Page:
After months of negotiation, the Detroit Lions announced a mega deal last night for quarterback Matthew Stafford, the largest deal in NFL history.
We have agreed to terms with QB Matthew Stafford on a five-year contract extension through the 2022 season.
— Detroit Lions (@Lions) August 29, 2017
The $127 million pact on the face seems like a bad deal for the Lions. Stafford, who ranked 12th last year in quarterback efficiency rating, has never won a playoff game and is just 5-46 against winning teams in his career, but this is very much a deal that needed to be done.
Any time a good player hits the open market, his deal sets the tone for the future market and any time a quarterback is in this position, his deal is one that always makes him the highest paid player in the league. In 2013, Ravens quarterback Joe Flacco received a six-year deal worth $120.6 million from Baltimore, which made him the highest paid quarterback in NFL history and although he was coming off of a Super Bowl win, he was never in the conversation as one of the best signal callers in the league. Flacco’s deal would set the market for Aaron Rodgers and Matt Ryan later that summer.
Stafford’s new contract is one that is definitely noticed by Mike McCartney, the agent for Redskins quarterback Kirk Cousins, who is set to enter free agency and may be leaving Washington. Much like Rodgers and Ryan, Cousins will seek a contract that tops Stafford’s deal.
But even despite Stafford’s shortcomings, he isn’t necessarily at fault. Actually, the Lions has been so successful over the past decade because of him. Detroit has not had a running back rush for more than 100 yards in a game since 2013 and the Lions have only finished higher than 23rd in rushing once – and even then they finished just 17th in the league.
Additionally, Stafford’s defense hasn’t been great either. While they were an elite-level squad in 2014, finishing second in yards and points allowed, they have been nothing more than middle-of-the-pack throughout the rest of his career.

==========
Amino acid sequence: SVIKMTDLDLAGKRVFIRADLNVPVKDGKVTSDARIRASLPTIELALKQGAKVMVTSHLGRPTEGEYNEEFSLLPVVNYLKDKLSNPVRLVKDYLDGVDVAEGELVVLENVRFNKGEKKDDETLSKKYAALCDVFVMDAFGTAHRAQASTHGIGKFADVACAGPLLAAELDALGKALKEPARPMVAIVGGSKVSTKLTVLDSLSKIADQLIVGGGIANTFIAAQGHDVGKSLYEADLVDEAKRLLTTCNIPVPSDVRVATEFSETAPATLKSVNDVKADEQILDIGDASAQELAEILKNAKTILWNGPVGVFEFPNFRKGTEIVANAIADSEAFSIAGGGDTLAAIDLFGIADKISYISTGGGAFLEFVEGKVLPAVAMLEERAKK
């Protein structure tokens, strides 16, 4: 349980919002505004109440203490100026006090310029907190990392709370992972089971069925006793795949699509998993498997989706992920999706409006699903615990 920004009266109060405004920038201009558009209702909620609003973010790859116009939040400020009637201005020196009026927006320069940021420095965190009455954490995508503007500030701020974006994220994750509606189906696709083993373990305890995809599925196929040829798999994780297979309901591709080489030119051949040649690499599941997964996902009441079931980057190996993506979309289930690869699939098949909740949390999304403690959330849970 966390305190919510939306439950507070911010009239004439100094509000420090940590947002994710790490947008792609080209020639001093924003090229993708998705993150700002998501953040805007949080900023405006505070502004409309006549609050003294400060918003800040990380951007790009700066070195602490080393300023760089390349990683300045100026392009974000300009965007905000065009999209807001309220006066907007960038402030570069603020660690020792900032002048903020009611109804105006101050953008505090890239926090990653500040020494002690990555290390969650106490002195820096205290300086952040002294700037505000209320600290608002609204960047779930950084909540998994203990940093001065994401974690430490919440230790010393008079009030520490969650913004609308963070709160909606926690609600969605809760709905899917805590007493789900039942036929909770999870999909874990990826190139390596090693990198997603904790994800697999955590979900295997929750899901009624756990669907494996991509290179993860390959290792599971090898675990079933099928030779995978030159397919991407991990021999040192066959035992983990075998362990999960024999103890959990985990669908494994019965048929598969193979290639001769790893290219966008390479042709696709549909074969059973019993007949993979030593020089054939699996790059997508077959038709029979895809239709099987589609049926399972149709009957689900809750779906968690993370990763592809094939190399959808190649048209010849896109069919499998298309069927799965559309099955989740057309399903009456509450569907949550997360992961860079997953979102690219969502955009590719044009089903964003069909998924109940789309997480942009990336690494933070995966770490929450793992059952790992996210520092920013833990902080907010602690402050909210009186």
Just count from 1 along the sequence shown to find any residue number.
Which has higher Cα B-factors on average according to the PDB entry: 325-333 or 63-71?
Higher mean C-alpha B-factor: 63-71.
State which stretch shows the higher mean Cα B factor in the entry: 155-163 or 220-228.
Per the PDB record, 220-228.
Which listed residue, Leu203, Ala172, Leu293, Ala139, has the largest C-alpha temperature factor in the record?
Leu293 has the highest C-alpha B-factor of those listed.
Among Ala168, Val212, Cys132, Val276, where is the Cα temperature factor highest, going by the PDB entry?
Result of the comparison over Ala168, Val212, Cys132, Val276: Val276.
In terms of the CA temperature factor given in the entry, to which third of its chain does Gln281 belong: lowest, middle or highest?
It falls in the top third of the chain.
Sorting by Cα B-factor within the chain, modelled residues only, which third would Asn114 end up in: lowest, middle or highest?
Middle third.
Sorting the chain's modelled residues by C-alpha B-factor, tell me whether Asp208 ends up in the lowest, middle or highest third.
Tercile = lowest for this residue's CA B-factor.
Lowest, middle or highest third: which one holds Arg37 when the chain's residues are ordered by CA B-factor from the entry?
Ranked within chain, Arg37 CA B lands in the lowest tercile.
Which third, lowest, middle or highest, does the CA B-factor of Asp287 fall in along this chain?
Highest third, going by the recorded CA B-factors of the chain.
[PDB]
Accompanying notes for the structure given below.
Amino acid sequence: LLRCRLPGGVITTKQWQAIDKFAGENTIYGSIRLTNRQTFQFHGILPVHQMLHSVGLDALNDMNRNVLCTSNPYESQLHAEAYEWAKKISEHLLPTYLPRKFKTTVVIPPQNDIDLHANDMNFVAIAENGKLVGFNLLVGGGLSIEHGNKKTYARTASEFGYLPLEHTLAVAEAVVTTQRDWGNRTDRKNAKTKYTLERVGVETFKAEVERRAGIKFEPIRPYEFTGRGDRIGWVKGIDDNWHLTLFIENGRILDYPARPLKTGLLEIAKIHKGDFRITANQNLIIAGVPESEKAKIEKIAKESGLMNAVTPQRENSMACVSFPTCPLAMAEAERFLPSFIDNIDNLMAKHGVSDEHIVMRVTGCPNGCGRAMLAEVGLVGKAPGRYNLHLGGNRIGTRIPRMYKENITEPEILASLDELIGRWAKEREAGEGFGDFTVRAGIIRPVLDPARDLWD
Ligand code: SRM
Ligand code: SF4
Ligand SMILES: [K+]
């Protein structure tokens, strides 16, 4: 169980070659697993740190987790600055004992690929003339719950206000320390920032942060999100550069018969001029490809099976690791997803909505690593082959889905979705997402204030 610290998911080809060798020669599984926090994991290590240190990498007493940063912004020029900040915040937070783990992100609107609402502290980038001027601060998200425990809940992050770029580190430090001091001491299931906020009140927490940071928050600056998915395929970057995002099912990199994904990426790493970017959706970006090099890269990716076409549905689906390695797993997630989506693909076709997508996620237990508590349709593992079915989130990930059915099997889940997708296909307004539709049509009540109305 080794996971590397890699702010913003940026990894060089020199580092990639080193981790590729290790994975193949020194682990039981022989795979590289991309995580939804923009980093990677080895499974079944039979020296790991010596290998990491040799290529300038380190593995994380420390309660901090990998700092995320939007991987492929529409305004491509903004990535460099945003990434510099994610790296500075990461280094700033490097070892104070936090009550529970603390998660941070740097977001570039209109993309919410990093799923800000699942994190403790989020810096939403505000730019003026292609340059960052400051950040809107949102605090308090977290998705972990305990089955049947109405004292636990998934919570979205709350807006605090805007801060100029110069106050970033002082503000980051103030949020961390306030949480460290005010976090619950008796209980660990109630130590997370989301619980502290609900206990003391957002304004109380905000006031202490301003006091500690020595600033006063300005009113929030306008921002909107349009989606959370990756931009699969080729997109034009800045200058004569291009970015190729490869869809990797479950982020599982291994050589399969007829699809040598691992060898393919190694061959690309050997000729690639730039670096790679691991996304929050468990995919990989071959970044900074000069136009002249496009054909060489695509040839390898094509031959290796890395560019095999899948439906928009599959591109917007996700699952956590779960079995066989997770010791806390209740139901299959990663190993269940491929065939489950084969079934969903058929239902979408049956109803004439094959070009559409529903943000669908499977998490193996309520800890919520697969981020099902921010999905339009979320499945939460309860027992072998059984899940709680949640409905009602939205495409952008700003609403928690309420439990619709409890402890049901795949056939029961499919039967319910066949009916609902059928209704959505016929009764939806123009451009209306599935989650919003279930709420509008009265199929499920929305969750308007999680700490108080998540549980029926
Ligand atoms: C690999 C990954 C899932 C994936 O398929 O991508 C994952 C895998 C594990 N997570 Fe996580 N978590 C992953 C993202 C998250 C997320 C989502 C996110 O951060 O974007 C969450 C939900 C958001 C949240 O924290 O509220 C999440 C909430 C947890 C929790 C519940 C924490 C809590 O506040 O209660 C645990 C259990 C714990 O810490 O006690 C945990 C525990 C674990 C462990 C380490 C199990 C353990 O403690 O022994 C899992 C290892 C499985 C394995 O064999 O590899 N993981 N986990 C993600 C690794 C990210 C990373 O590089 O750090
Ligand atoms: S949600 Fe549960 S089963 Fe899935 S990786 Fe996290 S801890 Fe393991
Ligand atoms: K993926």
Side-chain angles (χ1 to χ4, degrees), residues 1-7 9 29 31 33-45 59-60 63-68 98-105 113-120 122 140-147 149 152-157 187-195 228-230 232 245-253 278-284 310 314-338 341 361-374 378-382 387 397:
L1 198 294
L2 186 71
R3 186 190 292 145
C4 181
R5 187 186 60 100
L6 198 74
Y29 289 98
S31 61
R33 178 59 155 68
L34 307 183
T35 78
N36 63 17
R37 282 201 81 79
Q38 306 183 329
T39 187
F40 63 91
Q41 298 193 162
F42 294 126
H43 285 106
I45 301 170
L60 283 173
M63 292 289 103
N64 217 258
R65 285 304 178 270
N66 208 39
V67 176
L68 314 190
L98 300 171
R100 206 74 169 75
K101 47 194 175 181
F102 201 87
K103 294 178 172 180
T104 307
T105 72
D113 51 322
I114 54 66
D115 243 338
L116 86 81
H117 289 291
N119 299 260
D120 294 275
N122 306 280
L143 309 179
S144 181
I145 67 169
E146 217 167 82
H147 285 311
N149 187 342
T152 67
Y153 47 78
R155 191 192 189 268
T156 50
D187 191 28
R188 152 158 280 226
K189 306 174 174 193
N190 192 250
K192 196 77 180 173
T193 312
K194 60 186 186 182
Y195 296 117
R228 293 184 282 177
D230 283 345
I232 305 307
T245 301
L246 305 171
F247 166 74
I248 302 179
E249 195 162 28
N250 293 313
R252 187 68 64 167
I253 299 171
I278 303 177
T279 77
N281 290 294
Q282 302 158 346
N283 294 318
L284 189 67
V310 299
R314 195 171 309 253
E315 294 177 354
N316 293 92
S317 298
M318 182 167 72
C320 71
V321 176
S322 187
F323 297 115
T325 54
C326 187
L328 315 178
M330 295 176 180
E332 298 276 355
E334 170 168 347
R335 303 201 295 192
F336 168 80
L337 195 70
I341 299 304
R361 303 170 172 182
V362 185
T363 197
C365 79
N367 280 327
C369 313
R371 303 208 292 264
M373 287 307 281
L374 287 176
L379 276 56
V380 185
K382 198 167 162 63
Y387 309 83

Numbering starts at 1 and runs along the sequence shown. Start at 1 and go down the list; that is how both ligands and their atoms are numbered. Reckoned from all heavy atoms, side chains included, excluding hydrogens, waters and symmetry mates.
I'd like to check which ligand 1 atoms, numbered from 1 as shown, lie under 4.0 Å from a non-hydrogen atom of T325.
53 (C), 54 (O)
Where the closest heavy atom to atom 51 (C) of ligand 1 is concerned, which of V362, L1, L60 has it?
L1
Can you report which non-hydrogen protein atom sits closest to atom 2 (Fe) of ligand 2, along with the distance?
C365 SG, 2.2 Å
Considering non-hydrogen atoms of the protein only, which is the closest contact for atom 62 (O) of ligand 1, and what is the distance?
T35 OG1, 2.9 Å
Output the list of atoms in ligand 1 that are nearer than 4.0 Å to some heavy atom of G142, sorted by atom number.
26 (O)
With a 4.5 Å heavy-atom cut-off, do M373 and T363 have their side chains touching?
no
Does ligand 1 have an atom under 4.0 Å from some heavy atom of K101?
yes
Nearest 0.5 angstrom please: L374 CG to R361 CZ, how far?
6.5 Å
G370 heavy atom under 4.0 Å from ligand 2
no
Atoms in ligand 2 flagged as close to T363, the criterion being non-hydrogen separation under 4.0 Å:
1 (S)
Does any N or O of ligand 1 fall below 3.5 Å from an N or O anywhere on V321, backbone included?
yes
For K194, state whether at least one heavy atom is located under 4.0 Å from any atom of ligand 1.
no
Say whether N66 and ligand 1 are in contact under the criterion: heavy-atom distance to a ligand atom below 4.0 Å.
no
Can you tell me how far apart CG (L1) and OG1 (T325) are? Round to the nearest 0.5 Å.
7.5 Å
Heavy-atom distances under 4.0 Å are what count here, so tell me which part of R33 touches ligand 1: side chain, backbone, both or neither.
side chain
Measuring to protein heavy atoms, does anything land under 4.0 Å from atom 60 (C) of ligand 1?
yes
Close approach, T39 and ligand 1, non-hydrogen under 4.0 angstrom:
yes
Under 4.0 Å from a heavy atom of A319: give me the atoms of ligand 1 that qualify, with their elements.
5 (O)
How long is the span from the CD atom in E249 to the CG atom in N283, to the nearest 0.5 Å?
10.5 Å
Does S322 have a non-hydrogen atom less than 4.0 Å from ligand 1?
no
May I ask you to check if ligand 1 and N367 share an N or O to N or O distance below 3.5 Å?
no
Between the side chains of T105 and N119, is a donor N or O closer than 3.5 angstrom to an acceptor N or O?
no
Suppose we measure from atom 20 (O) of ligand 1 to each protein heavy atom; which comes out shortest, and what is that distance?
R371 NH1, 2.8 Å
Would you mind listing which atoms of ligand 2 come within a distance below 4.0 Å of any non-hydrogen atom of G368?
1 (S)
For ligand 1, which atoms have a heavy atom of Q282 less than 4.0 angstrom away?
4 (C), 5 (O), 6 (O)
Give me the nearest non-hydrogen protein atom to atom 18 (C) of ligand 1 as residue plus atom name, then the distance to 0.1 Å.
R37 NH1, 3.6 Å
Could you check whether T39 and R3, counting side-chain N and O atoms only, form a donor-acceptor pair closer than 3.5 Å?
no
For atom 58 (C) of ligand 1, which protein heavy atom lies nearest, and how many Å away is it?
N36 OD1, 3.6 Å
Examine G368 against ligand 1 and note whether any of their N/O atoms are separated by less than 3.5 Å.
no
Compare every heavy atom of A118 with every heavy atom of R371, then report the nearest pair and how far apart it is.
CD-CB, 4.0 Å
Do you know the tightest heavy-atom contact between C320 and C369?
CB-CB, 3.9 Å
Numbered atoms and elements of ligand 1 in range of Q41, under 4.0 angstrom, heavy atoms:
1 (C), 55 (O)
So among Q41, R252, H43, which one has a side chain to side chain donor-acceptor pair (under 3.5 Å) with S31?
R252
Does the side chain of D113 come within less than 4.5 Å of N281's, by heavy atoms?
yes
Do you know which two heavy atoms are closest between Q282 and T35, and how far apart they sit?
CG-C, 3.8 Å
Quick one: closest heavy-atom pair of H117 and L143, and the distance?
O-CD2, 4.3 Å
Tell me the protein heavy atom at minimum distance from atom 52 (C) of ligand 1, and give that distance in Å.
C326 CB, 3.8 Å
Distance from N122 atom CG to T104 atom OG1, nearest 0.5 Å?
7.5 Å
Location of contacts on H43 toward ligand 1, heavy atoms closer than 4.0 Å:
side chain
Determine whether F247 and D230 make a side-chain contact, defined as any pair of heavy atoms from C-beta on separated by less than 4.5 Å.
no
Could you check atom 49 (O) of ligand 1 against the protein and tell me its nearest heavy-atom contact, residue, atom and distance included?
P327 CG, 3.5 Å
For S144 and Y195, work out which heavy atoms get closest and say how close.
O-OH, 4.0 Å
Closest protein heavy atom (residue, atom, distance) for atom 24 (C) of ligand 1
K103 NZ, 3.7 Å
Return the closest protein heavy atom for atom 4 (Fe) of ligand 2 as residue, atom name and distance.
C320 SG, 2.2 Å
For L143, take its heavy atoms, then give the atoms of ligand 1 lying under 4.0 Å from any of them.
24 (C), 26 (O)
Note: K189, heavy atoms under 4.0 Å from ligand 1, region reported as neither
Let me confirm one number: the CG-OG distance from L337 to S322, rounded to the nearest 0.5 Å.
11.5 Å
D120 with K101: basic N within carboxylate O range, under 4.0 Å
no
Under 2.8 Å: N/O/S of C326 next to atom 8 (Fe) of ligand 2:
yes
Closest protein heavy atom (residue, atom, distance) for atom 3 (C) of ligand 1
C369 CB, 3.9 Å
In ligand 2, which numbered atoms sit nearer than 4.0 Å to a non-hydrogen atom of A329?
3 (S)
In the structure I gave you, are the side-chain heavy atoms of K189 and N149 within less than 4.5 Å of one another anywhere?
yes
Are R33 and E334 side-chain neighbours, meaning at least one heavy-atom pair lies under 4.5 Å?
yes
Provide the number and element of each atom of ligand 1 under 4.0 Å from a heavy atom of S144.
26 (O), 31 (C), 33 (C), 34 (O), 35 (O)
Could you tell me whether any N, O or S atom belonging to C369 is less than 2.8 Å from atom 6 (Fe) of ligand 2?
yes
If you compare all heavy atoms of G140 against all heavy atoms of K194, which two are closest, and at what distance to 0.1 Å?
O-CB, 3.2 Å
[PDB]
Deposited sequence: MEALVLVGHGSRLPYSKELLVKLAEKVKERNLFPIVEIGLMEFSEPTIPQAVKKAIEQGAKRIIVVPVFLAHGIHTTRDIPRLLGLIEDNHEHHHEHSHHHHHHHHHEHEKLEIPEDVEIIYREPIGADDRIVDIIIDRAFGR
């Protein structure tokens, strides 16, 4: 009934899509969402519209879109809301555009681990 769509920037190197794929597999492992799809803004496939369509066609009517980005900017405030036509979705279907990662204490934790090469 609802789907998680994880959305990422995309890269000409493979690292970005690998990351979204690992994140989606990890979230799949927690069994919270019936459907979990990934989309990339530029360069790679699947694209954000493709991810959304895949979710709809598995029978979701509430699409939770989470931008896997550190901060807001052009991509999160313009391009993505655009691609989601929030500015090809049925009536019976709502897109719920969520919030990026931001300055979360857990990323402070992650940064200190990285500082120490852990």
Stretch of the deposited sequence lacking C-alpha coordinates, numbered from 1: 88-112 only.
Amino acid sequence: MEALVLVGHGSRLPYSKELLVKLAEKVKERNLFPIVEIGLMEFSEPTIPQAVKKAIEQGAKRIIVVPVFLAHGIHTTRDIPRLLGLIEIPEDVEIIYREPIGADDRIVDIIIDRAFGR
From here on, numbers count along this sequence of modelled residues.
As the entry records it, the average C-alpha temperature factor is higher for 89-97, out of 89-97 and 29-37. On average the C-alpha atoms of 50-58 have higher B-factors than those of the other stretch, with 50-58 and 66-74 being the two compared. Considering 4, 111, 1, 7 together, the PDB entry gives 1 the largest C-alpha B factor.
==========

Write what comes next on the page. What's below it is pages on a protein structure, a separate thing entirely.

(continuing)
Without a quality supporting cast, it’s hard to be consistent in the NFL, and plays a factor in the Lions inconsistency.
But even with an inconsistent team, this is the best the Lions have been in a long time. Detroit was a doormat from 2000-2010. They failed to make a single playoff appearance, only had one winning season and won five or less games seven times, including a winless 2008 campaign that allowed the Lions to own the first overall pick in the 2009 NFL Draft when they selected Stafford.
The list of starting quarterbacks in Detroit before Stafford came to town is one so depressing it rivals the Browns. Between 2000-2008, Charlie Batch, Stoney Case, Ty Detmer, Mike McMahon, Joey Harrington, Jeff Garcia, Jon Kitna, Daunte Culpepper and Dan Orlovsky started at least one game for the Lions. Injuries to Stafford in his first two seasons limited him to 13 games, but he has started quarterback in every Lions game since.
Finding a franchise quarterback is an incredibly hard task in the NFL and when you fail to get one, it sets your franchise back years. Stafford had been the best quarterback in the Lions history and the front office is well aware of the torture the team endured at quarterback before they drafted Stafford. Stafford is their guy and he deserved to be paid accordingly. Now that they have locked him up, they can now focus (again) on building around him.